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Date:	Mon, 01 Sep 2014 19:31:43 +0200
From:	"Michael Kerrisk (man-pages)" <>
To:	"Eric W. Biederman" <>
CC:, lkml <>,
	"" <>,,
	Andy Lutomirski <>,, "Serge E. Hallyn" <>
Subject: Re: For review: user_namespace(7) man page

On 08/30/2014 11:53 PM, Eric W. Biederman wrote:
> "Michael Kerrisk (man-pages)" <> writes:
>> Hello Eric et al.,
>> For various reasons, my work on the namespaces man pages 
>> fell off the table a while back. Nevertheless, the pages have
>> been close to completion for a while now, and I recently restarted,
>> in an effort to finish them. As you also noted to me f2f, there have
>> been recently been some small namespace changes that you may affect
>> the content of the pages. Therefore, I'll take the opportunity to
>> send the namespace-related pages out for further (final?) review.
>> So, here, I start with the user_namespaces(7) page, which is shown 
>> in rendered form below, with source attached to this mail. I'll
>> send various other pages in follow-on mails.
>> Review comments/suggestions for improvements / bug fixes welcome.
>> Cheers,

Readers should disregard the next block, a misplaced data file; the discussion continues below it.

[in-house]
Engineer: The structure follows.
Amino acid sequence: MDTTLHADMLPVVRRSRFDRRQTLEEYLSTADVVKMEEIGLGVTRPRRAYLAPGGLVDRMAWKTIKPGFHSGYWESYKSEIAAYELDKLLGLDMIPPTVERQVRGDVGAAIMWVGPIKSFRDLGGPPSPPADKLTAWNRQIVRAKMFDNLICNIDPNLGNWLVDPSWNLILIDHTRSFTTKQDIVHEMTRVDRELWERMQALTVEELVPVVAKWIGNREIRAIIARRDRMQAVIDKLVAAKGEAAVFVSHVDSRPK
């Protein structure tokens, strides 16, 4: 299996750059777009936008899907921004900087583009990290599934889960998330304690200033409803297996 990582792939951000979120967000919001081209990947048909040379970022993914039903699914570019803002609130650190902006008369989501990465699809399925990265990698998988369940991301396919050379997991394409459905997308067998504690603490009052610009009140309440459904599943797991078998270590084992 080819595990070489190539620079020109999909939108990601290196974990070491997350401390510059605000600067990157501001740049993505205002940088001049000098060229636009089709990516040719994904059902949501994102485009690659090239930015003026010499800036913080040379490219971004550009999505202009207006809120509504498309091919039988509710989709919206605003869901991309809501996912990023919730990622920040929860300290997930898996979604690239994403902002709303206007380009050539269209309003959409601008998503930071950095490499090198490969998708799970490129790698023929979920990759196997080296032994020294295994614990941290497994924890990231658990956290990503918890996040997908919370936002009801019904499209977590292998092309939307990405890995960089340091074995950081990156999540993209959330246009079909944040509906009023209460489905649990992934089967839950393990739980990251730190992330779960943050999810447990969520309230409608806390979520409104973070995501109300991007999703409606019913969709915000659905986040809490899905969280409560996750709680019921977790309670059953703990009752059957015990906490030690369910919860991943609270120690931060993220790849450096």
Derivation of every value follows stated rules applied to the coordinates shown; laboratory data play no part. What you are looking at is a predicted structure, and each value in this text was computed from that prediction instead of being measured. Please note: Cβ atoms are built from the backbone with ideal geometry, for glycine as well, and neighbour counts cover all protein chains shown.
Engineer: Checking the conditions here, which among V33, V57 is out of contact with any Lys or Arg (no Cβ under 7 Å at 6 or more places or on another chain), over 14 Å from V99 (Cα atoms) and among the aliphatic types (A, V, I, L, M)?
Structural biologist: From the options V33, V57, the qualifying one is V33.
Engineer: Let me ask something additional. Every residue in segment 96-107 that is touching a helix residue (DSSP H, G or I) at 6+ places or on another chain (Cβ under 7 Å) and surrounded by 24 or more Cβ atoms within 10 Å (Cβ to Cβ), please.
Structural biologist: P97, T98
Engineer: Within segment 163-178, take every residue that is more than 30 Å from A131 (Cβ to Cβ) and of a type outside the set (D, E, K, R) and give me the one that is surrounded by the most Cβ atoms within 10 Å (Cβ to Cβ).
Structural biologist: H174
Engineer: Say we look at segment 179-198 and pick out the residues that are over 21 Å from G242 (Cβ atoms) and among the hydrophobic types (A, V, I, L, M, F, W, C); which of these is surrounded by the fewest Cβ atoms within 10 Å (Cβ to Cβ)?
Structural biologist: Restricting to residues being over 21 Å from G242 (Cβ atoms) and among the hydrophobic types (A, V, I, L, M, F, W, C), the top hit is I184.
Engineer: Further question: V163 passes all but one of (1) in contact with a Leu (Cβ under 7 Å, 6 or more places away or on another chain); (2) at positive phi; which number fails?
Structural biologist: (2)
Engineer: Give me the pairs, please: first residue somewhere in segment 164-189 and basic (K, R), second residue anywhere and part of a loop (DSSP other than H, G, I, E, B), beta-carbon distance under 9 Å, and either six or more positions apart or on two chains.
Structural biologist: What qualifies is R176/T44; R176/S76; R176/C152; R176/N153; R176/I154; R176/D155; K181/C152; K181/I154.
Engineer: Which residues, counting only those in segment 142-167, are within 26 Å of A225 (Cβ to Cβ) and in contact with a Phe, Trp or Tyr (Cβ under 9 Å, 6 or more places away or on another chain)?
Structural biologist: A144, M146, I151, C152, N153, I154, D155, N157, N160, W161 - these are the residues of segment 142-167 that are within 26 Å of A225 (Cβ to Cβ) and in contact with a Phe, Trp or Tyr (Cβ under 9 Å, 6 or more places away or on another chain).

>> Michael
>> ==
>>        user_namespaces - overview of Linux user_namespaces
>>        For an overview of namespaces, see namespaces(7).
>>        User   namespaces   isolate   security-related   identifiers  and
>>        attributes, in particular, user IDs and group  IDs  (see  creden‐
>>        tials(7), the root directory, keys (see keyctl(2)), and capabili‐
>>        ties (see capabilities(7)).  A process's user and group  IDs  can
>>        be different inside and outside a user namespace.  In particular,
>>        a process can have a normal unprivileged user ID outside  a  user
>>        namespace while at the same time having a user ID of 0 inside the
>>        namespace; in other words, the process has  full  privileges  for
>>        operations  inside  the  user  namespace, but is unprivileged for
>>        operations outside the namespace.
>>    Nested namespaces, namespace membership